I’m off to don my Carhartts and feed the Animals. There’s a big day ahead.
I transplanted some tomato seedlings the other day, they look good. Right now they’re in the greenhouse covered in a protective tent of extra greenhouse plastic with a little heater that’s keeping it a nice 70 degrees in there for them.

Wednesday, March 4, 2009

A Hope and a Prayer

If all goes well I’ll be transplanting my first round of tomato plants early next week. I get the strangest feeling that this process I’m experiencing is much like what new parents must feel like when their home with their new born baby. I mean every morning I wake up, I pray that my little seedlings are still alive, that their healthy, and truth is I’ve never been this scared. I’m no stranger to the seed, but I have a lot riding on this crop. This is the preverbal mortgage lifter. This is where after I sell all these babies I have a decent down payment to put down on the farm which on a little more than a hope and a prayer I am buying from “the ex”.

As I drove to work today I had fifty minutes to think about how utterly dependant I am on this seed sowing to be a success. My livelihood, my future and I must admit my dignity. After about 15 minutes in the car “freaking out” I realized I was what my sweetheart refers to as “catastrophizing”. (Sweet word isn’t it?) That’s what I was doing. I was worrying how the seedlings were going to do without me, their mama for over seven hours today. Yes they were in the green house and yes they were safe, but…..WHAT IF SOMETHING HAPPENED…WHAT IF THEY NEEDED THE DOOR CRACKED OR SHUT OR OPEN???? I got home just over seven hours later and they looked wonderful. A hope and a prayer baby.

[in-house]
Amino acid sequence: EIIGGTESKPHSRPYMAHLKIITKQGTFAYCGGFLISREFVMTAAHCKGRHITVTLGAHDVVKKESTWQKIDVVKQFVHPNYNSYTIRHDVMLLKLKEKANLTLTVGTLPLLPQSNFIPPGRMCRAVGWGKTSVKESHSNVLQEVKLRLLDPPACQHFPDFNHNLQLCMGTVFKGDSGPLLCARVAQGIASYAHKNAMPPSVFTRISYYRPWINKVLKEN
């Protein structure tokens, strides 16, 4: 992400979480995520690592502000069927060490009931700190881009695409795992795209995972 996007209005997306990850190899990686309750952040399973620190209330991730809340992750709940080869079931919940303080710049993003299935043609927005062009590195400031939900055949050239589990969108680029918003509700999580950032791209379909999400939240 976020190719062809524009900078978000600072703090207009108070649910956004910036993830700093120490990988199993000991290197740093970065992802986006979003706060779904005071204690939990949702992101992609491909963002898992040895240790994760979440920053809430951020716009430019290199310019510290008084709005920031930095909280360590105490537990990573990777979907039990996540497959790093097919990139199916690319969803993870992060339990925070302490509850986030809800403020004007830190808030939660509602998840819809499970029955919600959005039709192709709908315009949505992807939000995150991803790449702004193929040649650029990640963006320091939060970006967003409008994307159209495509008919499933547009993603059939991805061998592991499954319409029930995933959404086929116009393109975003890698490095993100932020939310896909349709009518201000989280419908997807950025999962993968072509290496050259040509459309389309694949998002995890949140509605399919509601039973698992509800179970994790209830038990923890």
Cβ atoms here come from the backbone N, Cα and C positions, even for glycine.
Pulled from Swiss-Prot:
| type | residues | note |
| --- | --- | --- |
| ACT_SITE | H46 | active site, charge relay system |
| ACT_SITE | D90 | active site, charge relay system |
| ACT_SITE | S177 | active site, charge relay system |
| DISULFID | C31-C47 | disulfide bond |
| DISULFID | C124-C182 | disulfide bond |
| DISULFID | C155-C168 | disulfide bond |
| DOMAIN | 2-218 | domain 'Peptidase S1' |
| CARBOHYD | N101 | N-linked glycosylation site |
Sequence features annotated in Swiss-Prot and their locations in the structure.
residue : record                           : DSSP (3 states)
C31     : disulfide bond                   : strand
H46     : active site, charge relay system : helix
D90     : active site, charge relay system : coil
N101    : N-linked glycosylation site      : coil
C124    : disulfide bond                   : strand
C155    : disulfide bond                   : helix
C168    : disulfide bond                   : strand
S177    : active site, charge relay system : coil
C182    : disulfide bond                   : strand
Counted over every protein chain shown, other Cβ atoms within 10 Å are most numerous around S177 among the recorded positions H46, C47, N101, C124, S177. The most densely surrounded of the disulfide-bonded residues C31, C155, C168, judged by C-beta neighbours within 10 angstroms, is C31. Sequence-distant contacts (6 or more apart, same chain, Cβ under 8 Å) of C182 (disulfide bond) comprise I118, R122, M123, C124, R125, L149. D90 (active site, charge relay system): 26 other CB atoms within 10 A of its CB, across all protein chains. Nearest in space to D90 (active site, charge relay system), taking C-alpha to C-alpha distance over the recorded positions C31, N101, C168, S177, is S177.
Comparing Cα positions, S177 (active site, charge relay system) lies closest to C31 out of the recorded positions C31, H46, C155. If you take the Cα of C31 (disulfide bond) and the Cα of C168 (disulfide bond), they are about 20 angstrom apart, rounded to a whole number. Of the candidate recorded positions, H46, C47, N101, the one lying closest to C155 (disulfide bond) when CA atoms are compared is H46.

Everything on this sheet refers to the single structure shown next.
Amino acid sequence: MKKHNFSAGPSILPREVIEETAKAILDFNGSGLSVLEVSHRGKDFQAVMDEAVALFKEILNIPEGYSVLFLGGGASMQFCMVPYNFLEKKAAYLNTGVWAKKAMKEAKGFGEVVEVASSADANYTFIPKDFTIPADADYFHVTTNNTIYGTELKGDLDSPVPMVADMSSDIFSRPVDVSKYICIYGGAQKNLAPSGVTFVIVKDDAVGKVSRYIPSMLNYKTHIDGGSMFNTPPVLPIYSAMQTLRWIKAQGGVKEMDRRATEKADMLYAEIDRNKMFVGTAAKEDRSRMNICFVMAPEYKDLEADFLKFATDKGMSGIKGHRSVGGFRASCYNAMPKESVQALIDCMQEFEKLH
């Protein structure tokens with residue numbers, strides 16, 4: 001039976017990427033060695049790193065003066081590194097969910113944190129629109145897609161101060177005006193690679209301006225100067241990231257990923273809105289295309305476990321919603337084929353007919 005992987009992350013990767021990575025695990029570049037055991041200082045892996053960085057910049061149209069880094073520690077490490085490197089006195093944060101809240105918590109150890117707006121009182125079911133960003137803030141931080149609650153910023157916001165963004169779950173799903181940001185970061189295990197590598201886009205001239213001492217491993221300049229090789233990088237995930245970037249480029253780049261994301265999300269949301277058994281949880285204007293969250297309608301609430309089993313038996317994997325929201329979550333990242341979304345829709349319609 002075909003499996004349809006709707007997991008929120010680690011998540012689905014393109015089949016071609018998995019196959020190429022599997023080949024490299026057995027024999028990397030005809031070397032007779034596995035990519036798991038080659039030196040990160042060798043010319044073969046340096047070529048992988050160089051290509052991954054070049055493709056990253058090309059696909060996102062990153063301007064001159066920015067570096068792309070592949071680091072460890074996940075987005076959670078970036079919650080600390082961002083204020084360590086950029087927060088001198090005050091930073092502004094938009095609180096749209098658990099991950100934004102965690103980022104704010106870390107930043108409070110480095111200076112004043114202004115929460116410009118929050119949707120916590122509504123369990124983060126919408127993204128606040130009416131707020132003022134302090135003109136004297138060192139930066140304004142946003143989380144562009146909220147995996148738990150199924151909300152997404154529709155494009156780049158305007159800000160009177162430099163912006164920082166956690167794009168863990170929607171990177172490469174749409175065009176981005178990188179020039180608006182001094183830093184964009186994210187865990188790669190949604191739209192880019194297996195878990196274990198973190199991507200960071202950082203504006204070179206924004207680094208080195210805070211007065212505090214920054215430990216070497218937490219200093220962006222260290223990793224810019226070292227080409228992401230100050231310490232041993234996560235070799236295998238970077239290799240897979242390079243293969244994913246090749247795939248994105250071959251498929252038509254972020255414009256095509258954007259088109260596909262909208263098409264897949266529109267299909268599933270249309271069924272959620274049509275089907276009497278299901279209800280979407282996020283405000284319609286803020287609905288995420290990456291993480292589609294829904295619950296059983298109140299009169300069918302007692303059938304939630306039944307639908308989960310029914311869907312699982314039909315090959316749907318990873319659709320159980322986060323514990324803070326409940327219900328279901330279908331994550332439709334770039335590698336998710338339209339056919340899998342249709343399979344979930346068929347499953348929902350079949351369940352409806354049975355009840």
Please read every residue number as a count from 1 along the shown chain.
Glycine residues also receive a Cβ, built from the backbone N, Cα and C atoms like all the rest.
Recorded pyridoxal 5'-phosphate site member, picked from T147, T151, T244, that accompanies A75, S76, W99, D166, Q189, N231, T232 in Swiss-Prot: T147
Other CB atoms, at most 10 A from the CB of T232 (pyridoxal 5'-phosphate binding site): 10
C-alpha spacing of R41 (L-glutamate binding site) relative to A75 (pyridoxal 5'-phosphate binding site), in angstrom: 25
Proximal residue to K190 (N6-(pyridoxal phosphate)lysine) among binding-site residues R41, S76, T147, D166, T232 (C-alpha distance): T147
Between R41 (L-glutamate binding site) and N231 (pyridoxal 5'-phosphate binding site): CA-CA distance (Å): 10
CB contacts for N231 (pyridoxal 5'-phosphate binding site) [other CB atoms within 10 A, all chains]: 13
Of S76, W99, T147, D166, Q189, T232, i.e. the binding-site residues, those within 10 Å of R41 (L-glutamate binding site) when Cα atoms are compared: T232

The thing is the last several years have been hard. (That’s an absurd understatement; I might be catastrophizing, but not much). Until now I’d come to expect failure as part of the normal routine. For several years I have felt un-anchored, tossed from one storm to the next. Until finally, yup….the perfect storm came along and piece by piece the existence I had once known broke apart and drifted out to sea. The good news is I’ve washed up on shore and with immense gratitude, happily wringing my undergarments out and roaming the sandy beaches of life naked, vulnerable, and slightly cautious with a splash of PTSS, but never the less grateful.

It might be worth explaining, the references I make to the sea is due to the fact that I’m a maritime gal, even though I now live happily in landlubber’s paradise I grew up next to the sea, my blood is mixed in part by the cold salty waters of the Pacific. So I’m accustomed to thinking in ocean like terms. Inlanders might refer to “getting back on the horse”? or “ Dusting oneself off”.

On another note:
A new intern moves to the farm tomorrow. Somehow I feel pressured (by myself) to appear un -bent, and gathered up. But I don’t know if that will be real. I’m on edge, on alert. I’m the seedling mama. I’m humbled and ready for anything. It’s not perfect around here; there will be lots of farm mending to do. It is what it is. And with a hope and prayer everything will turn out OK. It will be nice to have a new set of eyes and hands around here and there is no doubt this will be a learning experience for both of us.
Can’t wait to introduce you.
Keepin’ the dream alive baby!!!!